“It’s going to be a tough winter”: Hospitals overwhelmed with pediatric patients with respiratory virus

Dramatic increase in the number of children suffering from this disease in hospitals in 33 states respiratory virus called respiratory syncytial virus (RSV). Cases have more than doubled in 25 states, putting pressure on hospitals – with some facilities so overcrowded, they are running out of beds.

At Connecticut Children’s Hospital, doctors said they were slammed with the rise in RSV cases. Dr. John Brancato told CBS News that every inch of the emergency room is full, and the hospital is considering putting up a tent on the front lawn to handle the overflow.

The state of Connecticut is also looking to bring in the National Guard.

“We are patients in hall beds,” Brancato said. “We are using our orthopedics room. We are using the other treatment rooms as much as possible to take care of everyone.”

RSV cases usually peak from December to February, but this month, there are more RSV cases in a children’s hospital than any other respiratory illness, including COVID-19.

Further south, about half of the ICU beds at Cook Children’s Hospital in Fort Worth, Texas, are filled with RSV patients.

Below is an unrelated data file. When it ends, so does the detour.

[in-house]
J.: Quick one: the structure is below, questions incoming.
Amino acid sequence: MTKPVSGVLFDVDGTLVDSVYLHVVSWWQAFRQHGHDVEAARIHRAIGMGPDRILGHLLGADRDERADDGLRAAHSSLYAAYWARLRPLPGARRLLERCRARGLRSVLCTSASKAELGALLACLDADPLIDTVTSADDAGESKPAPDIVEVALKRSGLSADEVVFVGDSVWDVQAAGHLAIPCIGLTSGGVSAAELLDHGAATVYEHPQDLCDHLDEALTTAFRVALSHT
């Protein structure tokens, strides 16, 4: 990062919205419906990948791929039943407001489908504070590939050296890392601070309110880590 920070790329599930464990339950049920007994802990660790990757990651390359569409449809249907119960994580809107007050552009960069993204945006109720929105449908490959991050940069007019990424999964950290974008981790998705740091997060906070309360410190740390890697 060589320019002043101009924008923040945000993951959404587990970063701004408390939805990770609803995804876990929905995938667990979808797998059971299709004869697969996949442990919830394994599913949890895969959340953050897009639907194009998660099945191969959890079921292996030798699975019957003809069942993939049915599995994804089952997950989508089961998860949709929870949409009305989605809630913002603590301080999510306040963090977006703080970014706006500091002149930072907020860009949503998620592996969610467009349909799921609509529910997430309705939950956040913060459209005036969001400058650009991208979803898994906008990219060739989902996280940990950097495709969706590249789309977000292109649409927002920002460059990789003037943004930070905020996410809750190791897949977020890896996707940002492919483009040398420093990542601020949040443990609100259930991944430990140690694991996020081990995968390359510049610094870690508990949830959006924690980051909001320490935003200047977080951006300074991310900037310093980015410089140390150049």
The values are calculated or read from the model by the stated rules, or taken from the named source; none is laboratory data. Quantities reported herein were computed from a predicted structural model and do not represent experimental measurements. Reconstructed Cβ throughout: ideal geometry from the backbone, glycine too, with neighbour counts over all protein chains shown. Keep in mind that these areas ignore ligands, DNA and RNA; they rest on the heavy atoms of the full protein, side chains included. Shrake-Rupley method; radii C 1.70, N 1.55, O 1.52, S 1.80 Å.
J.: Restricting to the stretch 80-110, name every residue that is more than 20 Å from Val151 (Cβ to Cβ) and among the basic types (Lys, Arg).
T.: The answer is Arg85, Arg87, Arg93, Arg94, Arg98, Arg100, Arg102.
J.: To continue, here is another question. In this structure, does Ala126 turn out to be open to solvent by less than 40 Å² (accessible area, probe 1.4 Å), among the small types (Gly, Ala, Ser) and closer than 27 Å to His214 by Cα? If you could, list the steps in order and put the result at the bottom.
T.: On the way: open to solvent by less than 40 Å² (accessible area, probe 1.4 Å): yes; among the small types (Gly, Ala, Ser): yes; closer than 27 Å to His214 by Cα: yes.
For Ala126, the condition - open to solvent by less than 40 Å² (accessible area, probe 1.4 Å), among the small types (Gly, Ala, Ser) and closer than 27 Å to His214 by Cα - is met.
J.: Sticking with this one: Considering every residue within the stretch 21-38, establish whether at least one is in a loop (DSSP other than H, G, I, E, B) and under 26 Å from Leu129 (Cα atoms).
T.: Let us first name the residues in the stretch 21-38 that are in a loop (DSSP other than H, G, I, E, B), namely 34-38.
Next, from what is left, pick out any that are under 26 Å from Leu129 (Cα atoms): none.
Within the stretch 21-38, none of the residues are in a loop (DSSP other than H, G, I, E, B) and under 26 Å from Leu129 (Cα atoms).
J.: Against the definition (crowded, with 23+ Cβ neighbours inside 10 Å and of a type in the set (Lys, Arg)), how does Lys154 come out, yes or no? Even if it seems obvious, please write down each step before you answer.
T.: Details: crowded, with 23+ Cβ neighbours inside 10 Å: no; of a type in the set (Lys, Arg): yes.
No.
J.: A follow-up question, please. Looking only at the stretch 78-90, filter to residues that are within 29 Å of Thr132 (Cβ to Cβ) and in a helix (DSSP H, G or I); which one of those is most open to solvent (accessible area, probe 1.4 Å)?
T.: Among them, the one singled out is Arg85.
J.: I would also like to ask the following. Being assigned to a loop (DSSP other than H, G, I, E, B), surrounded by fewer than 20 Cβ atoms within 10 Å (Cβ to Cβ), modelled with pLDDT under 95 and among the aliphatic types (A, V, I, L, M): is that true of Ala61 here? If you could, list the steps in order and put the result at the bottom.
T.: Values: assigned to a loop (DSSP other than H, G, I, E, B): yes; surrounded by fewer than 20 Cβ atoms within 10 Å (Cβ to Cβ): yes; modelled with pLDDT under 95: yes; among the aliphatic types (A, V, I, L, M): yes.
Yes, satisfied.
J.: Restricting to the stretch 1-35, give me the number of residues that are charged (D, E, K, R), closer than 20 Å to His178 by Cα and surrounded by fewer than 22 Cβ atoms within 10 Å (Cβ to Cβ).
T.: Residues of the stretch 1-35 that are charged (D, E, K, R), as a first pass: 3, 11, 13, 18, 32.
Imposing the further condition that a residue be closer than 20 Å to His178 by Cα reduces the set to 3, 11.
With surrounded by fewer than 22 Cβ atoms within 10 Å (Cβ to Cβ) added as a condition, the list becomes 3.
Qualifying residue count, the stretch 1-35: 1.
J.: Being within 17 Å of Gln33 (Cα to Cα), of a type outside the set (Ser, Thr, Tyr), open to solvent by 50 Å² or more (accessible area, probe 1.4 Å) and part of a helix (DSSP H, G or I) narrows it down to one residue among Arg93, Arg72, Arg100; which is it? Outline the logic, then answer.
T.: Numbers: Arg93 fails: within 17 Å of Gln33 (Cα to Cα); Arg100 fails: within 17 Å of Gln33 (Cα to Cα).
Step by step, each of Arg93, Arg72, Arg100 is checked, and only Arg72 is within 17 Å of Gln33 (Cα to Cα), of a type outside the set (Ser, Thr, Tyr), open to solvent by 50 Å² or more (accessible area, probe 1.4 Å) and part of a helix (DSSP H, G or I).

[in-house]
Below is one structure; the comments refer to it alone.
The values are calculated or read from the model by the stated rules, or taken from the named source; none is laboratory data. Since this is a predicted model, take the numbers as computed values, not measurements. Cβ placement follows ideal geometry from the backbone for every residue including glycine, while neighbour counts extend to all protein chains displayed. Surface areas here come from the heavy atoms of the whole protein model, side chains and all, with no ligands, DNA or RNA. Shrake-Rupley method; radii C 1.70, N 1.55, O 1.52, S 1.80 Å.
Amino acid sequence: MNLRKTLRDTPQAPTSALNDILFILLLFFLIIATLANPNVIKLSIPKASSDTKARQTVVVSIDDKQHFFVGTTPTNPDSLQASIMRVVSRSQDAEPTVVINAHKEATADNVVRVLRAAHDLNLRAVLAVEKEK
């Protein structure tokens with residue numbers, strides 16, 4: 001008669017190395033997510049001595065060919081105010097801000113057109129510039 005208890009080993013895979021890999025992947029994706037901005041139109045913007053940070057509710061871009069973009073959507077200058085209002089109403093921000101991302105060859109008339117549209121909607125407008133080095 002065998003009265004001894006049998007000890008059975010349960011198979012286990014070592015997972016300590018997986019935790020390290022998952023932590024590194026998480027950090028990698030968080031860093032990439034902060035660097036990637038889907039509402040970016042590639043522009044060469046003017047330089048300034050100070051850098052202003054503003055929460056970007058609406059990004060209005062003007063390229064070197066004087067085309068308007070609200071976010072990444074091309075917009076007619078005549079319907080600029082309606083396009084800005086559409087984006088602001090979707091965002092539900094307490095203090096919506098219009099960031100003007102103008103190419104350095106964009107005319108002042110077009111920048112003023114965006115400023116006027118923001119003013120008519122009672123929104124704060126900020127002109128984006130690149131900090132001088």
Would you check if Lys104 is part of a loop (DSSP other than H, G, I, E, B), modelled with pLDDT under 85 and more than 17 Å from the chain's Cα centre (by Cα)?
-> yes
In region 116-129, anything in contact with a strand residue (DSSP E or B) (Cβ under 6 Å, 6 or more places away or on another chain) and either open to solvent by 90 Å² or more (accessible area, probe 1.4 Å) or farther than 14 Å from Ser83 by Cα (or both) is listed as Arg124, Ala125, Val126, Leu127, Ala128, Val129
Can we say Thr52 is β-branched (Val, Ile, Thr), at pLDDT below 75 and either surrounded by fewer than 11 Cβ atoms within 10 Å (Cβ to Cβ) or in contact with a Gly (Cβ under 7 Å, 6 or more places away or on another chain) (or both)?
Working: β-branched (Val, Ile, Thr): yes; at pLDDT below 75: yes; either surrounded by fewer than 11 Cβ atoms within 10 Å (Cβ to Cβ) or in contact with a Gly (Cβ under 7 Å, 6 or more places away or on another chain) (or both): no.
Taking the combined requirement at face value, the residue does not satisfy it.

“It’s going to be a cold winter,” Dr. Daniel Guzman, who works at the hospital, told CBS News. “I mean, we’re already seeing an increase in our numbers over the past few weeks with more than 550 ER visits per day.”

Parents Zoe and Jeff Green said their 4-month-old daughter, Lindy, is in the ICU with RSV. They took her to an urgent care clinic because they were concerned that she had more than just a common cold.

RSV Symptoms are like winterBut doctors said parents should watch out for signs of respiratory stress if their child’s nostrils are swelling when they breathe, or if their skin is pulling in toward their ribs.

Doctors are also anticipating an active flu season. They’re telling people to get their flu shots now — while it won’t stop you from getting the flu, it can lighten your symptoms enough where you won’t need to go to the emergency room.

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